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Belford, P, Sykas, P & Turnbull, P 2013, The Beauty of Experiment - The Rediscovery of Shadow Tissues. in The Beauty of Experiment. Isle of Man 2013, pp. 97-139.

The Beauty of Experiment - The Rediscovery of Shadow Tissues. / Belford, Patricia; Sykas, Philip; Turnbull, Paul.

The Beauty of Experiment. Isle of Man 2013, 2013. p. 97-139.

Research output: Chapter in Book/Report/Conference proceedingChapter

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AB - This Leverhulme 2 year research grant (£111.648) (1,1a)) is a collaborative project bringing together expertise from three different design sectors: Trish Belford (PA) / Dr Philip Sykas, Manchester Metropolitan University (Co), a Design Historian known for his work in bringing together textile manufacturers ‘design archives’ and Paul Turnbull, Managing Director of Turnbull Design Ltd - an international printing Company and holder of the Turnbull and Stockdale archive. The project is in its infancy and is investigating the lost technique known as ‘shadow tissue’ doing this not only as an historical and theoretical exercise, but utilizing archaeological techniques to find out how shadow tissues and their various techniques were produced. Supported by a Research Assistant, the project will not only develop practical samples, informed by history, but will also liaise with Turnbull Design Ltd to consider any commercial applications. Outlining the initial research was presented on the 17th November 2011 at TRIP: An international symposium exploring the role and relevance of traditional ‘hand skills’ in contemporary textiles, and the value and status of craft process(2,3,4). This research will open up an important private design archive to academic study for the first time, and will leave several concrete outcomes: Archival recording of designs and samples relating to shadow tissues in the T&S archives, a group of textiles samples held at UU, a body of contemporary design work evolved from historical technique but with currency in the present marketplace. The physical outcome will be a limited edition of pattern books containing samples to touch, and will be offered to appropriate academic, museum and educational libraries. I was awarded the Textile Society Professional Development Award for work linked to this grant and development of new work ‘Printed Alchemy - Familiar pattern speaking a different language’ (5). An abstract on this project and related colour theories will be submitted for the AIC (International Colour Association) in December. Selected authors will have the opportunity to publish an extended version of their paper in a special issue of the Journal of the International Colour Association (JAIC) Invited by Text (The Textile Society Journal) editor Lynn Hulse to write an article for the forthcoming December 2012 publication.*This work is to be completed during 2013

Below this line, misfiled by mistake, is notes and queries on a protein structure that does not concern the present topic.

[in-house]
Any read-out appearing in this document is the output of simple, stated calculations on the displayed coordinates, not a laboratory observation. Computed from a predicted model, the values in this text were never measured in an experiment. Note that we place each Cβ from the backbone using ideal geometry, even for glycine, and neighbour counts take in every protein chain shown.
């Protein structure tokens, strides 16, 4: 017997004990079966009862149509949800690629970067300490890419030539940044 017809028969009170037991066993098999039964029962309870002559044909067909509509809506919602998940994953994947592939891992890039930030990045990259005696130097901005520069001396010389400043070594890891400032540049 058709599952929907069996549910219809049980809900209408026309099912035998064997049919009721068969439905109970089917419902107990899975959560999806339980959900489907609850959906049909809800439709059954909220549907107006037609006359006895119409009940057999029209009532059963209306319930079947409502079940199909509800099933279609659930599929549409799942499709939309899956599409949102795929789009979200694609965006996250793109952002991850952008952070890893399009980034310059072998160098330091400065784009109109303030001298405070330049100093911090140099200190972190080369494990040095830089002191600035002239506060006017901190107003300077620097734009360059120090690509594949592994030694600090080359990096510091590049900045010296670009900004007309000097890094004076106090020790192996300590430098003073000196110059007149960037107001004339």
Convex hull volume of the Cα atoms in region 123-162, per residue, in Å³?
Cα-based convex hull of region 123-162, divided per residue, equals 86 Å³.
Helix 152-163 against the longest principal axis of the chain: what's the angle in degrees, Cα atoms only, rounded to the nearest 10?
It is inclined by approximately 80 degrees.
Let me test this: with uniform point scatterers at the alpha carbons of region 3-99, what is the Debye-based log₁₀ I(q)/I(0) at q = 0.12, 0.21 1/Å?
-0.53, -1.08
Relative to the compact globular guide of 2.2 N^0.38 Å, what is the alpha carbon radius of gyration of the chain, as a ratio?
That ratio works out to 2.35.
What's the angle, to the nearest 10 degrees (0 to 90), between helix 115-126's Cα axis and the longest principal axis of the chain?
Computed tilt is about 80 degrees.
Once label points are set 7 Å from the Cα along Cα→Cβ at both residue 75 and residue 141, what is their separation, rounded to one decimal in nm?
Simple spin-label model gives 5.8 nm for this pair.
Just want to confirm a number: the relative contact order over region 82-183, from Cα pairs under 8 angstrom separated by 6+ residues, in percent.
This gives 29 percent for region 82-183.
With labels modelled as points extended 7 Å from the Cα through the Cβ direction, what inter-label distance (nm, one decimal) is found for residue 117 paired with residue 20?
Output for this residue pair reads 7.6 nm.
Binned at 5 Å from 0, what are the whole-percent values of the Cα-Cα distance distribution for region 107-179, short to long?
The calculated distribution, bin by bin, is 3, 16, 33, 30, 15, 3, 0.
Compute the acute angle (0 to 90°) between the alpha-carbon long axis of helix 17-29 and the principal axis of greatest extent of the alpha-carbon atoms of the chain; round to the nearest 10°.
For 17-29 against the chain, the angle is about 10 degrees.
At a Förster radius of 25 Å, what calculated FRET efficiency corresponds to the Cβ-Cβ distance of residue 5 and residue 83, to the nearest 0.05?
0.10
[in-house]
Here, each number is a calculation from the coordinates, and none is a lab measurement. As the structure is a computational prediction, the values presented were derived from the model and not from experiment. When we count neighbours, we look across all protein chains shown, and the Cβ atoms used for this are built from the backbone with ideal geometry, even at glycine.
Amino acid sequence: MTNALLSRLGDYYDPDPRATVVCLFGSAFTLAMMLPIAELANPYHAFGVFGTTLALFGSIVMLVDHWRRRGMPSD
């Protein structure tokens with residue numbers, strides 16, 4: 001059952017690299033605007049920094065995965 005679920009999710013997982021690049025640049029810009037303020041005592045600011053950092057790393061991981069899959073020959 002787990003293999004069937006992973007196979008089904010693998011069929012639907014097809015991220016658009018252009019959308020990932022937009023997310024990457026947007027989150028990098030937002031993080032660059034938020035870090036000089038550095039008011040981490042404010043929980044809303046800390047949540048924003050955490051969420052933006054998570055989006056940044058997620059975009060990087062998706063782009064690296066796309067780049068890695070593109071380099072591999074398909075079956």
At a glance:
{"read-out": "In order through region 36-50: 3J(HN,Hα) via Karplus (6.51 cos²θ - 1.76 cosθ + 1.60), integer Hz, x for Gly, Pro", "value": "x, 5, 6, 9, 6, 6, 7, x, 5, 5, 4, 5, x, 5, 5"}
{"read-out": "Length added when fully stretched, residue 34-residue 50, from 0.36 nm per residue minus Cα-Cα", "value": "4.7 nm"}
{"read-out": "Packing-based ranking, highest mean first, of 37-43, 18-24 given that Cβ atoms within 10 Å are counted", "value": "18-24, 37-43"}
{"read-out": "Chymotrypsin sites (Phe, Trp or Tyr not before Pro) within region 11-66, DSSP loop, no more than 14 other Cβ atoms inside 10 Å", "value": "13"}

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Belford P, Sykas P, Turnbull P. The Beauty of Experiment - The Rediscovery of Shadow Tissues. In The Beauty of Experiment. Isle of Man 2013. 2013. p. 97-139